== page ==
Therefore intervention trials are ethically justified only in a situation of uncertainty, when there is genuine doubt concerning the value of a new intervention in terms of its benefits and risks. The researcher must have some evidence that the intervention may be of benefit, for instance, from laboratory and animal studies, or from observational epidemiological studies. Otherwise, there would be no justification for conducting a trial.
Evaluating an Intervention
Best practice is to develop interventions systematically, using the best available evidence and appropriate theory, then to test them using a carefully phased approach, starting with a series of pilot studies targeted at each of the key uncertainties in the design, and moving on to an exploratory and then a definitive evaluation. The results should be disseminated as widely and persuasively as possible, with further research to assist and monitor the process of implementation.
In practice, evaluation takes place in a wide range of settings that constrain researchers’ choice of interventions to evaluate and their choice of evaluation methods. Ideas for complex interventions emerge from various sources, including: past practice, existing evidence, policy makers or practitioners, new technology, or commercial interests. The source may have a significant impact on how much leeway the investigator has to modify the intervention or to choose an ideal evaluation design. In evaluating an intervention it is important not to rush into making a decision as strong evidence may be ignored or weak evidence rapidly taken up, depending on its political acceptability or fit with other ideas about what works.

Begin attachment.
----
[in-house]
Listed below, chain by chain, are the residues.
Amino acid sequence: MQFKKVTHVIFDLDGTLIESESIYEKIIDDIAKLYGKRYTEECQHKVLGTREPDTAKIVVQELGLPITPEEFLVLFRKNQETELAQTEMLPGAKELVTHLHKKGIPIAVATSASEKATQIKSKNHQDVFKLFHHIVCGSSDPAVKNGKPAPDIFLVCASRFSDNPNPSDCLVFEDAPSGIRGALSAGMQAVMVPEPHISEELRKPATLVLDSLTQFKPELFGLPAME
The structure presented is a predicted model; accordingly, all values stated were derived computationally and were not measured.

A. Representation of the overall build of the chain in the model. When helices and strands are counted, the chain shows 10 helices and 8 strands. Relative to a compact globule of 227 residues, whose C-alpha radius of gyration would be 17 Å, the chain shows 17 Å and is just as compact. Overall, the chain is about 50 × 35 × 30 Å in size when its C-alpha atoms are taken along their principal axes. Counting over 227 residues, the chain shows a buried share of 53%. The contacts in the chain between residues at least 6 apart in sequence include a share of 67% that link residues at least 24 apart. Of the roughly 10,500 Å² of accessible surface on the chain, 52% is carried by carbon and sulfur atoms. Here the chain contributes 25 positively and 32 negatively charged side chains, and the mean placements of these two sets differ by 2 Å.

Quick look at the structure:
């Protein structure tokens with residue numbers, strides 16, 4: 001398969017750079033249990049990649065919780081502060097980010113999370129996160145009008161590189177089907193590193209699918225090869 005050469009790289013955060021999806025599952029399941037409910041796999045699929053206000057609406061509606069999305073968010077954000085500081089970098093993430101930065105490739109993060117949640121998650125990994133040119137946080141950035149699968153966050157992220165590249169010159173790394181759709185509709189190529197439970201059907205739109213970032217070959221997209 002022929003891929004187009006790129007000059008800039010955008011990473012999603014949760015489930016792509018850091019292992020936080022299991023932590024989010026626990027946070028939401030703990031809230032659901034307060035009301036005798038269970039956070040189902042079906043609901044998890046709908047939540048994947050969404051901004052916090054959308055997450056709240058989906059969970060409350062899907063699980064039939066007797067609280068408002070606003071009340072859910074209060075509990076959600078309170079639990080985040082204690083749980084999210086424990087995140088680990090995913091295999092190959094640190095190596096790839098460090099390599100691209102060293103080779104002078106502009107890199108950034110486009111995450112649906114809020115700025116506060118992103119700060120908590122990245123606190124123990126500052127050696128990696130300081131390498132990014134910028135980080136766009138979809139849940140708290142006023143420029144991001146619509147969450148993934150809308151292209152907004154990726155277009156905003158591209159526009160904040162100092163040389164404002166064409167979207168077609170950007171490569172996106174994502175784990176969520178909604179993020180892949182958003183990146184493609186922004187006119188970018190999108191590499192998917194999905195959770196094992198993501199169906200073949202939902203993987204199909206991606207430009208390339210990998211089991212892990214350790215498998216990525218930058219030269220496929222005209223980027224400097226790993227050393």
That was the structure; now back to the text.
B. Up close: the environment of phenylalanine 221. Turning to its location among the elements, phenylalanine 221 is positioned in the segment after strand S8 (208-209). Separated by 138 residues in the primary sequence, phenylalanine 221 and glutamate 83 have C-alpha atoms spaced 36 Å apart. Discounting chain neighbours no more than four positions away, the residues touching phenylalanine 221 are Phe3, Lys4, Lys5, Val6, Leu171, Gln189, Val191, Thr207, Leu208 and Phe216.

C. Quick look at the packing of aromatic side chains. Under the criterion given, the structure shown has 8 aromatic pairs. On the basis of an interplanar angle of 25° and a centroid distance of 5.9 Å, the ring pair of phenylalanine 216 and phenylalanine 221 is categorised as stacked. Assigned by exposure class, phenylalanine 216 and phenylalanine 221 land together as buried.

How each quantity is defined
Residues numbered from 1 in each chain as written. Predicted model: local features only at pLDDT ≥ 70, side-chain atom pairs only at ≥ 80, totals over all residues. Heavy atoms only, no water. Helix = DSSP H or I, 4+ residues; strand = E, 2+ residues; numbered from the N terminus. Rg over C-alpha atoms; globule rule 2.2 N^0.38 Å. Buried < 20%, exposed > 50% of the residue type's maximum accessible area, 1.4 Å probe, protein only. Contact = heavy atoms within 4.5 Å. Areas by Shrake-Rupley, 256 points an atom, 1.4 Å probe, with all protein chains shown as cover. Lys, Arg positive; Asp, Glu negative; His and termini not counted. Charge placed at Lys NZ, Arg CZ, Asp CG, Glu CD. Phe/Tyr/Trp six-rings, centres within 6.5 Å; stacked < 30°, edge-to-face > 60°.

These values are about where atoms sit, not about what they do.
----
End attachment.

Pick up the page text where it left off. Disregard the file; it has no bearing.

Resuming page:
One should be cognizance of ‘blanket’ statements about what designs are suitable for what kind of intervention (e.g. ‘randomised trials are inappropriate for community-based interventions, psychiatry, surgery, etc.’). A design may rarely be used in a particular field, but that does not mean it cannot be used but the researcher will need to make a decision on the basis of specific characteristics of their study, such as expected effect size and likelihood of selection and other biases.